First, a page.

Not one of the first race winners won again; they didn't even gain a place in the second race. What was obvious, however, was the depth of talent in all the fleets, particularly the Tornado, Soling and 470 classes, with the Windglider results very much influenced by the strength of the breeze.
Australia gained two thirds and a fourth. Gary Sheard skippered the Soling to an impressive third following his fifth in the first race, while Colin Beashel, after retiring from race one, also notched up a third. The fourth place went to Chris Pratt in the Finns.
ln the Solings, Sheard got away to a much better start and was in third place throughout the race, at one stage getting within 20 seconds of the leader, Norway's Dag Halfdan Usterud. The Norwegians went on to win by one minute from the ltalian Gianluca Lamaro, who beat Sheard by 20 seconds. First race winner, US world champion Robbie Haines, got forced too far to the left on the first work and finished ninth. After two races the Italians led the point score with 14.7 points from the Americans on 15 and Sheard on 15 .7.
ln the Stars, Colin Beashel and Richard Coxon finished a close third to the consistent Greek crew, llias Hatzipavlis and Leonidas Pelekanakis, and the Swedes, Kent Carlson and Henrik Evermann.
But after their retirement in race one the Australians were still well down the points table. First race winner Bill Buchan (US) could do no better than ninth in the light winds. The Greek crew led the point score with 3 points, the Swedes were next with l 1 points, followed by Buchan on 1 5. The Australians were lying ninth with 31 .7 points.
Chris Pratt continued to show his ability in the Finn class with a fourth behind Brazil's Jorge Zarif Neto, a surprise winner from Canada's Terry Neilson and the Greek sailor, Armando Ortolano.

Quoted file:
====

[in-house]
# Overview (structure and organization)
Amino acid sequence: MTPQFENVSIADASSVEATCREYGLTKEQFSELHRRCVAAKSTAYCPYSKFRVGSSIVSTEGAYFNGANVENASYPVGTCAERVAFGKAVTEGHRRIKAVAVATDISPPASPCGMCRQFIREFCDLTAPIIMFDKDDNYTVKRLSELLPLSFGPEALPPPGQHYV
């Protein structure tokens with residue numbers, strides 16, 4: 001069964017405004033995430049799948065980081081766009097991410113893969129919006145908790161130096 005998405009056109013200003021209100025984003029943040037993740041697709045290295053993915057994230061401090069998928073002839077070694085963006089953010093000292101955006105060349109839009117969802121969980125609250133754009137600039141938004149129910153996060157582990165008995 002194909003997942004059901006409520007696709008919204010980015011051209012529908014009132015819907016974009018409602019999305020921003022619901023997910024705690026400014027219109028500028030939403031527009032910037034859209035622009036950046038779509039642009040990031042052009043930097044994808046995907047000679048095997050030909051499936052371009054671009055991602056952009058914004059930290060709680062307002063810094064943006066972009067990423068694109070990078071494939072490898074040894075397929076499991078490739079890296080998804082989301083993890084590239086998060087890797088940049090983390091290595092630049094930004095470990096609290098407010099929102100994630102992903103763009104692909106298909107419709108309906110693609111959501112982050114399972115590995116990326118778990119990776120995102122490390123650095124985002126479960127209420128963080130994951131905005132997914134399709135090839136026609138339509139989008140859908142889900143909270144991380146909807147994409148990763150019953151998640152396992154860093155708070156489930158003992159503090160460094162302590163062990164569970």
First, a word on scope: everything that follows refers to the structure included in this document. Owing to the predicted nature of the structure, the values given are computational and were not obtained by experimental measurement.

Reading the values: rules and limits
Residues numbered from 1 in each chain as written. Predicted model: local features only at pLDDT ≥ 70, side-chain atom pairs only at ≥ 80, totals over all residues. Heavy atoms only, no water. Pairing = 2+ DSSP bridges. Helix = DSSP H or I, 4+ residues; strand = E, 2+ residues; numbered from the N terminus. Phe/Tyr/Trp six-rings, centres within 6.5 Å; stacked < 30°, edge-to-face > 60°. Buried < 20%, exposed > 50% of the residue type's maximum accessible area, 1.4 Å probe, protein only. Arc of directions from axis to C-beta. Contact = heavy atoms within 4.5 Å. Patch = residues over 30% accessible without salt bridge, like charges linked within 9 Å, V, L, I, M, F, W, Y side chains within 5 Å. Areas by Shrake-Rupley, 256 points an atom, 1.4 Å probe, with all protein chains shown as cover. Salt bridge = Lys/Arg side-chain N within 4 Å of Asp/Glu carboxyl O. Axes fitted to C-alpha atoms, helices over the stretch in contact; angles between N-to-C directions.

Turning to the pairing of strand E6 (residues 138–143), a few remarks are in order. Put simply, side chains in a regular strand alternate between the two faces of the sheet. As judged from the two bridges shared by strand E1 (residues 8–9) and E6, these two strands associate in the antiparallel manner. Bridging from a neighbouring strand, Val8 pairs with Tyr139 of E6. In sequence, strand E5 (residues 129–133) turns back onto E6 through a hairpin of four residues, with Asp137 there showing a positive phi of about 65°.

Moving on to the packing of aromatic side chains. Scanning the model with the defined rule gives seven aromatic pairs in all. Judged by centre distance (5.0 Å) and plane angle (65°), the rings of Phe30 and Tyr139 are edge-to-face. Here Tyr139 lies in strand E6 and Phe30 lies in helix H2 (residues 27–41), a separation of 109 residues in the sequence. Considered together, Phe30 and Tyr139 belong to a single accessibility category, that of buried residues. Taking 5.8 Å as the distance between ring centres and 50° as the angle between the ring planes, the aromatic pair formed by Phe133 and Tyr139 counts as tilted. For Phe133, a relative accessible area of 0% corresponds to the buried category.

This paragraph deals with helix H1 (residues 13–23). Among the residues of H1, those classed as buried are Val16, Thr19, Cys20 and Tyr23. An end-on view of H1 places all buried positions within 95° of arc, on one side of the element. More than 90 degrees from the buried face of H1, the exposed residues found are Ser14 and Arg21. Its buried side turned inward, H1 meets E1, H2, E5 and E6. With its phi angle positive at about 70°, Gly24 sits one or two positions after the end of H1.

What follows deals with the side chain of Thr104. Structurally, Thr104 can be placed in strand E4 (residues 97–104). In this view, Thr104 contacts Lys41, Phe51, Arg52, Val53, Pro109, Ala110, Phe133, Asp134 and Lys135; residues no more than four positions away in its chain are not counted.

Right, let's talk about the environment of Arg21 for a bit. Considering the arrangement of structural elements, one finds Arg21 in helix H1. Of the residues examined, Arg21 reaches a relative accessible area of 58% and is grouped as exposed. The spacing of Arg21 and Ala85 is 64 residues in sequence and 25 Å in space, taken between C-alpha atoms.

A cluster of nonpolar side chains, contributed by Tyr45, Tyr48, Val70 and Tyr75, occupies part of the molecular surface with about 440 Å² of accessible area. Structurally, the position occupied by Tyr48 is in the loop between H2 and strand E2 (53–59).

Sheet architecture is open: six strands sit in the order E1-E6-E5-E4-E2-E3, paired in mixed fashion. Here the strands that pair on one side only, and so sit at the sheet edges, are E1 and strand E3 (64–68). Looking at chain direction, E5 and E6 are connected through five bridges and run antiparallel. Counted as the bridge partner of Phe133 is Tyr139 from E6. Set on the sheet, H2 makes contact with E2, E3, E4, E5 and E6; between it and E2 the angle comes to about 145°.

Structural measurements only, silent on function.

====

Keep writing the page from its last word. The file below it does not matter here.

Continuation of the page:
America's John Bertrand, disqualified from his first race win, was fifth. The Canadian was now leading the pointscore with 6 points from two seconds. NZs Russell Coutts, the first race winner, was sixth in race two to be second on points with 1 3, while Chris Pratt was next with 21 points from a seventh and a fourth.
The real upsets of the day came in the Tornado class. Chris Cairns and Scott Anderson got a fine start and had sailed furthest to the right-hand side of the course, the normally favored side, when the wind flicked back sharply to the left. They were left so far down the track that they could do no better than 16th in the 20-boat fleet.
Their only compensation was the retirement of their main gold medal opponents, Americans Randy Smyth and Jay Glaser, who hit the Dutch boat midway through the race when they were lying seventh.
The race went to the Frenchmen Yves Loday and Bernard Pichery, who had been disqualified from race one. The fast New Zealander Rex Sellers was second and Denmark's Paul Elvstroem and his daughter Trine finished third. lt was a great effort by Elvstroem, who has won four Olympic gold medals in singlehanded classes, starting at the London Games in 1948.
After two races New Zealand led the pointscore with 8.7 points from Britain's Robert White and David Campbell-James on 13, followed by the Elvstroems on 17.4. The Americans Smyth and Glaser were 7th with 27 points, the Australians 9th with 30 points.
Australia's other results in race two were again disappointing. Jamie Wilmot and James Cook were again 14th in the Flying Dutchman, while Greg Hyde got the wrong side of the wind in the light weather Windglider race. He finished 1 3th after picking up places over the final three legs. The winner was another surprise, American Scott Steele, with the Dutch world champion Stephan Van Der Berg second and NZ's Bruce Kendall third. Kendall headed the pointscore after two races with 8.7 points from the Dutchman on 11.
ln the 470 class, Chris Tillett and Richard Lumb, after being disqualified from their 15th in race one, improved a little to finish 11th but were still low down on the points table.
A Long Way to the top - Race 3
Colin Beashel lines up his Star for the Windward mark